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Robert Edward Jenrick (born 9 January 1982) is a British Conservative Party politician serving as Secretary of State for Housing, Communities and Local Government since 2019. He has served as Member of Parliament (MP) for Newark since 2014.

From 2015 to 2018, Jenrick was the Parliamentary Private Secretary to Employment Minister Esther McVey, Justice Secretaries Michael Gove and Liz Truss, and Home Secretary Amber Rudd. He served as Conservative Party politician serving as Secretary of State for Housing, Communities and Local Government since 2019. He has served as Member of Parliament (MP) for Newark since 2014.

From 2015 to 2018, Jenrick was the Parliamentary Private Secretary to Employment Minister Esther McVey, Justice Secretaries Michael Gove and Liz Truss, and Home Secretary Amber Rudd. He served as Exchequer Secretary to the Treasury under Chancellor of the Exchequer Philip Hammond from January 2018 to July 2019, where he was the youngest male minister in the government of Prime Minister Theresa May. Jenrick was appointed Communities and Housing Secretary by Boris Johnson in July 2019.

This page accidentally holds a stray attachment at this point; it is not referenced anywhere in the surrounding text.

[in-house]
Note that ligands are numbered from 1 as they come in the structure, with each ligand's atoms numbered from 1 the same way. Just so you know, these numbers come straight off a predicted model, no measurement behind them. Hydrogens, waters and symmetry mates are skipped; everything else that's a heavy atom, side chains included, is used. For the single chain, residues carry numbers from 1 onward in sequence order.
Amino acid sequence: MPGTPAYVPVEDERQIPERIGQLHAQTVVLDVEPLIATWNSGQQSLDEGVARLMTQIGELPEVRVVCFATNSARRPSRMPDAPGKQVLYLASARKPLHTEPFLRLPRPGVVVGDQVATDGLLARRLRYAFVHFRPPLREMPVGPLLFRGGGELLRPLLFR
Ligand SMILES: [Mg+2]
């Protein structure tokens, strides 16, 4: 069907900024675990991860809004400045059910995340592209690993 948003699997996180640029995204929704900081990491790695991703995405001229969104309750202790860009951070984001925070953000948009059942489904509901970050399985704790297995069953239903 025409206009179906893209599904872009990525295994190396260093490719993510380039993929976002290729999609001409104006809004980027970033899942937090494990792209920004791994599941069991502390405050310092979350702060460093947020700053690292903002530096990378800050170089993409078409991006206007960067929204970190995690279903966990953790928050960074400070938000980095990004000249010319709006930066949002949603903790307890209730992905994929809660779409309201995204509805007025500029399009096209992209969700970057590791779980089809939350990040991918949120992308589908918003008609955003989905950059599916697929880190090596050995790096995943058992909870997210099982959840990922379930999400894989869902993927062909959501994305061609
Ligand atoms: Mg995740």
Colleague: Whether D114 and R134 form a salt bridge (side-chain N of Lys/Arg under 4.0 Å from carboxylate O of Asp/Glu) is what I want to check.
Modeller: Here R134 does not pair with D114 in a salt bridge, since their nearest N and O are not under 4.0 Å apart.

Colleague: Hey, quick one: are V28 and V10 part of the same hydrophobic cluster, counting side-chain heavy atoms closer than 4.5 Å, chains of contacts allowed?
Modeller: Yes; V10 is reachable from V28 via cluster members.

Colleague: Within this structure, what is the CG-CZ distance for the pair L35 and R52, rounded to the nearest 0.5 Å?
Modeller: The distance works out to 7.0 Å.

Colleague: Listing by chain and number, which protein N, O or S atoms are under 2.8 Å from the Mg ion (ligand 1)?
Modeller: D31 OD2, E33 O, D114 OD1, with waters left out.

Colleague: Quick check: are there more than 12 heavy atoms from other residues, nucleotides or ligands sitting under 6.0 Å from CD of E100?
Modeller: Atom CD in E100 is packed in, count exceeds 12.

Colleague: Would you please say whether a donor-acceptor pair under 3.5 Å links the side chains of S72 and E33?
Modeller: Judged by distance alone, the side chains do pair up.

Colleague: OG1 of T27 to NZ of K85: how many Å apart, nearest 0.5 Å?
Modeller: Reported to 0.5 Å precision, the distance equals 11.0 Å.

In April 2020, despite repeatedly urging the public at televised press briefings to stay at home during the COVID-19 lockdown to curb the spread of coronavirus in the UK, Jenrick was accused of travelling to a second home[1] and then of travelling to see his parents. Jenrick denied such allegations, reiterating he was travelling to his family home, where his family were before any restrictions on travel were announced. This position was supported by the emeritus director of Public Health England.[2]

In May 2020, Jenrick was involved in controversy as he overruled the Planning Inspectorate and approved a £1 billion luxury housing development for Richard Desmond, a Conservative Party donor and owner of Northern and Shell. Jenrick’s decision saved Desmond’s company up to £50 million in tax, with the release of documents from the Ministry of Housing, Communities and Local Government in July 2020 leading to calls for Jenrick’s resignation for his use of a public office for political favours.[3][4] Planning experts for Tower Hamlets council have estimated that Jenrick helped Desmond save an additional £106 million through leniency on affordable housing levels, which could have resulted in a total discount of approximately £150 million.[5]